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What Is Water Transportation?

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  • Written By: Jeremy Laukkonen
  • Edited By: A. Joseph
  • Last Modified Date: 05 November 2016
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The term "water transportation" refers to the act of moving substantial volumes of water from one location to another. There are three main categories into which most water transportation activity can be divided: aqueducts, shipments via containers and towing across large bodies of water. These various methods can be used to move water from a location where it is abundant to an area where it is needed. Water transportation can be used for irrigation of otherwise arid lands, the delivery of fresh drinking water to large municipal areas and many other purposes.

In modern engineering terms, "aqueduct" can refer to closed-pipe systems, open canals and other similar methods that are commonly used to transport water. Aqueducts have been used for transportation since the seventh century BCE, when they typically consisted of large, raised constructions that were capable of diverting substantial volumes of water to population centers. Open canals and raised aqueducts are still in use, though most municipal water transportation systems use closed pipes. These pipes tend to create more friction than open canals, and in many cases, pumping stations are used to keep the water moving if the downward incline of the system is not sufficient.

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Water is also commonly transported in containers, using both trucks and ships. Up until the late 1800s, liquids such as water were transported only in casks, though various technological developments led to the creation of container ships. One issue that can affect water transportation using tanker ships is known as the free surface effect. This effect describes the likelihood of a large surface area of liquid in the hold of a ship adversely affecting the stability of the vessel, which is typically dealt with by creating segmented or partitioned areas within the hold. Tanker trucks can also be difficult to drive for this same reason, and they often contain a system of baffles as well.

Another method of water transportation is towing. One way to accomplish this is to use a tugboat to tow an iceberg, because the ice is made up of fresh water. Fresh water also can be towed through saltwater in a liquid state if it is placed in an airtight bag. The fresh water is less dense than the saltwater, so the bag will tend to float at the surface. Designs for large bags capable of transporting water in this way were first tested in 1990.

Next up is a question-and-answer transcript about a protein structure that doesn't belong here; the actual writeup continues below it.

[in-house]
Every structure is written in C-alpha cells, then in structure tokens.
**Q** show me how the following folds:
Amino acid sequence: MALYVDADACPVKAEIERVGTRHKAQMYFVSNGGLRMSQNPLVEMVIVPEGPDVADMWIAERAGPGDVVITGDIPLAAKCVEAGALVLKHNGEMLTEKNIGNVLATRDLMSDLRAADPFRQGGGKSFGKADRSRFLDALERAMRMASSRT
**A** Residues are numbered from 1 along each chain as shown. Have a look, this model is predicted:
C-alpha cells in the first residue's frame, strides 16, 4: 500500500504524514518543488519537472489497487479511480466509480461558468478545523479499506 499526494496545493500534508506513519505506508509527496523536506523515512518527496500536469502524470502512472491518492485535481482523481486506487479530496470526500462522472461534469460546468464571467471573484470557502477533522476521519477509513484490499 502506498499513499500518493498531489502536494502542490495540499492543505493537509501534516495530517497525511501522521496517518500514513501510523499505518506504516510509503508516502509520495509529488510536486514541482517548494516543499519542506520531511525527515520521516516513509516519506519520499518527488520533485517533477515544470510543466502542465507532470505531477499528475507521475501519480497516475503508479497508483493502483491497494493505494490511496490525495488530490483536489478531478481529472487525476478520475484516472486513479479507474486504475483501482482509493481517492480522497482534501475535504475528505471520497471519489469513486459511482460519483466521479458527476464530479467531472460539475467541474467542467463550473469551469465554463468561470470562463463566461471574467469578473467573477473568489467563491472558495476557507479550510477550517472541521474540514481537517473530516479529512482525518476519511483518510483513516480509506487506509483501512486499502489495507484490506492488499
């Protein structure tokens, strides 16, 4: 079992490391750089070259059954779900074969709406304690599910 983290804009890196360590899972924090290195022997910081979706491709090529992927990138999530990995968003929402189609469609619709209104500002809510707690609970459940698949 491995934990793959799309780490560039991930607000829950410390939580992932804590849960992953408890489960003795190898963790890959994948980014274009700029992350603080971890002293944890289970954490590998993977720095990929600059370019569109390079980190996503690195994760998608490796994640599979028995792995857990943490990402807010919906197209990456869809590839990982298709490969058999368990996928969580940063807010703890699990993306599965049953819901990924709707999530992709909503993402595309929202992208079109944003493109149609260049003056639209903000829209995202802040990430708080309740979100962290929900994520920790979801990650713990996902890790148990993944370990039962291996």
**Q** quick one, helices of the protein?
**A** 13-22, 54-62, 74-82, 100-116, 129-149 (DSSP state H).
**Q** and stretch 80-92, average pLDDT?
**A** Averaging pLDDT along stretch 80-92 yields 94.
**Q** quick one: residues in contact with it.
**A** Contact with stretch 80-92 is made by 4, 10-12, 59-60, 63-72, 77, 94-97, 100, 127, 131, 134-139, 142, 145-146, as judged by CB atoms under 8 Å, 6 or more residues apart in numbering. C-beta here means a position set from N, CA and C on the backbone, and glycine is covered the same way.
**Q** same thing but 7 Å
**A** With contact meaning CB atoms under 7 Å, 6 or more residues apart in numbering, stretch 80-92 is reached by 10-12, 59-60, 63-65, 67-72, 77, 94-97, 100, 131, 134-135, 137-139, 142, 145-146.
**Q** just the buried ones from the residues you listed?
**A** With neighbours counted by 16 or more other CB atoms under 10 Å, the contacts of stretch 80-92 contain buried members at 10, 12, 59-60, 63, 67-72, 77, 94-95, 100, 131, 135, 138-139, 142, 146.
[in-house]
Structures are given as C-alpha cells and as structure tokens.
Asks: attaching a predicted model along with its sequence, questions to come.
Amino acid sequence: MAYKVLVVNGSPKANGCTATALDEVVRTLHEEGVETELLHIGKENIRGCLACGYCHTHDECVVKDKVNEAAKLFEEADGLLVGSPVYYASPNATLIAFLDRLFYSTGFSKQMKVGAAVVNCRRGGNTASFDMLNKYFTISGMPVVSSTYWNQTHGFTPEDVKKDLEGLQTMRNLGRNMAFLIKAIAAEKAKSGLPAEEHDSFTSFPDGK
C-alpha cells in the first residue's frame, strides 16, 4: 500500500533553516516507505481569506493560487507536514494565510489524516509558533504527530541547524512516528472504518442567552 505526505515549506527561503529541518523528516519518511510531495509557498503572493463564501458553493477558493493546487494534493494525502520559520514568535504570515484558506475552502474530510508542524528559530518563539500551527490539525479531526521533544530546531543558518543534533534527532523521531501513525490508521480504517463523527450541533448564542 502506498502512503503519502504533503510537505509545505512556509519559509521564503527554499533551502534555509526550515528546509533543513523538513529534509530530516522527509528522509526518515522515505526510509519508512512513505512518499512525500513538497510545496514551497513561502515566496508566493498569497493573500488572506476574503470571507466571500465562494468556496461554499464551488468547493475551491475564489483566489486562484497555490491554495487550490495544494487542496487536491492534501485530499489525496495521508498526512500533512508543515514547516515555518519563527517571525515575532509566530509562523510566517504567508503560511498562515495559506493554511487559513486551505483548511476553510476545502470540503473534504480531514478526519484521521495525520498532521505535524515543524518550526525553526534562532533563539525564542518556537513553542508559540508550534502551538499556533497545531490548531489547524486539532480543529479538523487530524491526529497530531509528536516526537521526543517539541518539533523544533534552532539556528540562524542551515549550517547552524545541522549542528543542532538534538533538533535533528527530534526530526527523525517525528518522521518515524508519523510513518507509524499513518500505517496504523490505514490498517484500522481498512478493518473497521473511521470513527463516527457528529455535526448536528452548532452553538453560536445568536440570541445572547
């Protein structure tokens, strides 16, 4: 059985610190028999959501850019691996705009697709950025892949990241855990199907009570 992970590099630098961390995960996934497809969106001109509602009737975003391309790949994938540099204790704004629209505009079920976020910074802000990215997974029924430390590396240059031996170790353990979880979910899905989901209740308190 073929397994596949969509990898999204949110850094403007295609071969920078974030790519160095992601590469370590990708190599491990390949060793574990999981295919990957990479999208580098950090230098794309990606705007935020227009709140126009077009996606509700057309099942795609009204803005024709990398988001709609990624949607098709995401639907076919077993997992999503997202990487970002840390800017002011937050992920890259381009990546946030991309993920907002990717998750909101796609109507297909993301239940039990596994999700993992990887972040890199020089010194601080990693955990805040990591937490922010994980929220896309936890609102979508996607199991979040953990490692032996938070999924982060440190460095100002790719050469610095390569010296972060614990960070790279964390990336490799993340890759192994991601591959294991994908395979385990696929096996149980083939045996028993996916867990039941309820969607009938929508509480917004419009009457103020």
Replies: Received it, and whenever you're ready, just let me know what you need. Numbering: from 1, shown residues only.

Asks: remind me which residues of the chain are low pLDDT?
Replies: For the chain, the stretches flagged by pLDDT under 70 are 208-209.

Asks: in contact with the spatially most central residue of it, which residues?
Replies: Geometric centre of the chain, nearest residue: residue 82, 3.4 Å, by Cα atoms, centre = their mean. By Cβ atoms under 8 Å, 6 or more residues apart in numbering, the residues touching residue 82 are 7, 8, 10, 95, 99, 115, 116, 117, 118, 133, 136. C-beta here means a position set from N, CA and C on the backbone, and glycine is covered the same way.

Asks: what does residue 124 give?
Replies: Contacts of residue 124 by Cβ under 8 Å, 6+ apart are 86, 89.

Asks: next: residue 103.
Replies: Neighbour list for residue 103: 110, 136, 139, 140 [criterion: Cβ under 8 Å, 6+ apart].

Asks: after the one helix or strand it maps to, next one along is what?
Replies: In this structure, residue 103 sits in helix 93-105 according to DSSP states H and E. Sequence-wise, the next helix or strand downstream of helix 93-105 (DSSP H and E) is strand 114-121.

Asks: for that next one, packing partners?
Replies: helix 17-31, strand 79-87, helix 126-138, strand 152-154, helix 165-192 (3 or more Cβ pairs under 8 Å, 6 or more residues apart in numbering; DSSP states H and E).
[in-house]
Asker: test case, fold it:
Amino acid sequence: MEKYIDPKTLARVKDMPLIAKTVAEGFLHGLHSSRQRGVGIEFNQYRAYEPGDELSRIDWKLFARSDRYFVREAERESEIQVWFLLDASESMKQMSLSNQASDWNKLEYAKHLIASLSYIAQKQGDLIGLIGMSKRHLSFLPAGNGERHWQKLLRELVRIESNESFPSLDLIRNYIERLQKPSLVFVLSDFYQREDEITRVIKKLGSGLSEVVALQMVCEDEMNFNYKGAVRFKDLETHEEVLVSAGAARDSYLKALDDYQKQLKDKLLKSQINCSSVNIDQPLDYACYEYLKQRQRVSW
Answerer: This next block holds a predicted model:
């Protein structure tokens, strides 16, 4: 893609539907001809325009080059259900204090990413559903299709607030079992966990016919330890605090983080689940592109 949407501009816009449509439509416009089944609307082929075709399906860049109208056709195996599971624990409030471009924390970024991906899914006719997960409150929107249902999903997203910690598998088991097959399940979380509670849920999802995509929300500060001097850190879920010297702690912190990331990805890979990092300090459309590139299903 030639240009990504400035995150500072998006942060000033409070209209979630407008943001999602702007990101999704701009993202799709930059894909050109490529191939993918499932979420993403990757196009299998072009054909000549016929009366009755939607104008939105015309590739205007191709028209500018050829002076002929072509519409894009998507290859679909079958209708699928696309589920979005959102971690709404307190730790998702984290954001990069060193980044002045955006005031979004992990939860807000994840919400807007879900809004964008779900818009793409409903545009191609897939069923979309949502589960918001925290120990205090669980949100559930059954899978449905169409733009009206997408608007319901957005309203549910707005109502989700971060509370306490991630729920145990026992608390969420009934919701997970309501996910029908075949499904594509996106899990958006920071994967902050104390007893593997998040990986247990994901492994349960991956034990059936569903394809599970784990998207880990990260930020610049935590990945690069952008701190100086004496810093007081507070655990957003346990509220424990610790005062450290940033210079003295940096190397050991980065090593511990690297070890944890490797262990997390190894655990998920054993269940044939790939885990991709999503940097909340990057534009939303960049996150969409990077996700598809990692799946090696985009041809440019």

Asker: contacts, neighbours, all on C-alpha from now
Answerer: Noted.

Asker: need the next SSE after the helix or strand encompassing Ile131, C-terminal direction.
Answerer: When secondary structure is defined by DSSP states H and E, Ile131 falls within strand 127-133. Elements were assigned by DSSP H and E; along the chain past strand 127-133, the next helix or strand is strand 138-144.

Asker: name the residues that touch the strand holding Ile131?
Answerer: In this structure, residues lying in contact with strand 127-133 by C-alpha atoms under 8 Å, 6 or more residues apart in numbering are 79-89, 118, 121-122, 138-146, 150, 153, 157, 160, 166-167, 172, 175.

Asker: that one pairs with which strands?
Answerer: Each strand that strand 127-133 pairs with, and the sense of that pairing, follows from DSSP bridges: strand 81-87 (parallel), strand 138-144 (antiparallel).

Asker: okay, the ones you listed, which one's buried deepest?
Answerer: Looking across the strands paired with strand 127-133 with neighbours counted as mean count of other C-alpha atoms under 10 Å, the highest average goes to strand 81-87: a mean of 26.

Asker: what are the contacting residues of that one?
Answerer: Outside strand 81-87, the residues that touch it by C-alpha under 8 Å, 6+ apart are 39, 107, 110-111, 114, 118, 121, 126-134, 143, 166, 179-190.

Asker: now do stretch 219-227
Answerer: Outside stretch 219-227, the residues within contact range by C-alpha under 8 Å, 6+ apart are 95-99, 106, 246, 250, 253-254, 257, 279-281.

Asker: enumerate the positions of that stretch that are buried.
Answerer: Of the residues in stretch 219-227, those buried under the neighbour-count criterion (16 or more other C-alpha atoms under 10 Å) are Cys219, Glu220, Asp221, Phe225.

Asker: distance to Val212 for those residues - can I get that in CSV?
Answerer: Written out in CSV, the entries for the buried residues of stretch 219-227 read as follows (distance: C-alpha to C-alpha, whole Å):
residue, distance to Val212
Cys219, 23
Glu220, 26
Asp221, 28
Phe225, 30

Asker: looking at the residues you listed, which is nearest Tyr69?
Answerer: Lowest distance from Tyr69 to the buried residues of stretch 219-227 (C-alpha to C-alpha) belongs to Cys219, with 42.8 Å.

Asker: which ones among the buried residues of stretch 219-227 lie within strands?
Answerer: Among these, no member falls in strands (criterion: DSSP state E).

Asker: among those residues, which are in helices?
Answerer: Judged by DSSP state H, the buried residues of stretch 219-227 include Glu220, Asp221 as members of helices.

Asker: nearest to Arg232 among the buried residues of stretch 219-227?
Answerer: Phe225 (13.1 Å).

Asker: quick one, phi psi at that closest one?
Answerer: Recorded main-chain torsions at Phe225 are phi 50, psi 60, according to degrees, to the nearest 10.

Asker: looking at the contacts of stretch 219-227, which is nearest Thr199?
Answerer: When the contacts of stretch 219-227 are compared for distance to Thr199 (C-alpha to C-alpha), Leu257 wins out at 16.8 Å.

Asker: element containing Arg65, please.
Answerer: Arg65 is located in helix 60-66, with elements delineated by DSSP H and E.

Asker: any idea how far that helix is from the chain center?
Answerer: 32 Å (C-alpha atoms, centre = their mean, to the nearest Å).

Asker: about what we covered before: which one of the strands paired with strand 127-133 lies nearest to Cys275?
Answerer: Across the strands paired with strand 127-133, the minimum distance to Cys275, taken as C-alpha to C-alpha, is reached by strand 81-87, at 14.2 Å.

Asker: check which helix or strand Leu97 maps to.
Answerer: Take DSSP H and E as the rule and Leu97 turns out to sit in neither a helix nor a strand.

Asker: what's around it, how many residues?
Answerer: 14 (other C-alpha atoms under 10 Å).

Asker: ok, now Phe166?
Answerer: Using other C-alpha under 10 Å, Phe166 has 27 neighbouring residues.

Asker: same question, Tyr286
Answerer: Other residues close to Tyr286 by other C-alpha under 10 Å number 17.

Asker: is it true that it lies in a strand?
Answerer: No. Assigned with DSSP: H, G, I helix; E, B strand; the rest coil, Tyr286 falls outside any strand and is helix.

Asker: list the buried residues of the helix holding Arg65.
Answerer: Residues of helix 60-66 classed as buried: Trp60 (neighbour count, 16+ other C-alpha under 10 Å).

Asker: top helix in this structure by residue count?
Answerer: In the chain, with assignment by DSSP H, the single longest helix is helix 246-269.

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pleonasm
Post 3

@irontoenail - Even a closed system isn't going to be perfect. Water will also evaporate, and frankly I think the problem is not so much that we don't recycle water as that we use too much in the first place. That's a population problem.

Humans have been shifting water around for thousands of years, though, whether it was in gourds or by truck. Water transport is never going to stop unless every single person decides to live next to a river.

irontoenail
Post 2

@clintflint - The thing I can never understand about water shortages is how dumb the system has to be to let it happen in the first place. I mean, water doesn't just disappear. It gets dirty, but we know how to clean it, even if it's extremely contaminated.

We just don't want to put systems in place to handle it. So all the water we use basically just gets poured down the sink and disappears back into the environment, where we may or may not see it again.

Every single house in the world should have grey water systems as a matter of course and every waste water pipe should be going to cleaning systems. It's ridiculous to transport water long distances so that people can let it run down the plughole while they are brushing their teeth.

clintflint
Post 1

One of the major problems we are going to be facing in the near future is the fact that at the moment we are working far beyond our capacity in water in most places. Water is often shipped into drier areas without people realizing it and many ancient aquifers are starting to run completely dry because they are being pumped for far more water than they can gather.

This is happening because people think that moving water from one place to another is a better solution than ensuring that they plan ahead to only use the amounts of water they need in the first place and living according to local climates.

Las Vegas is a good example. It's in the middle of a desert and all the water for fountains and hotel toilets and swimming pools has to come from somewhere.

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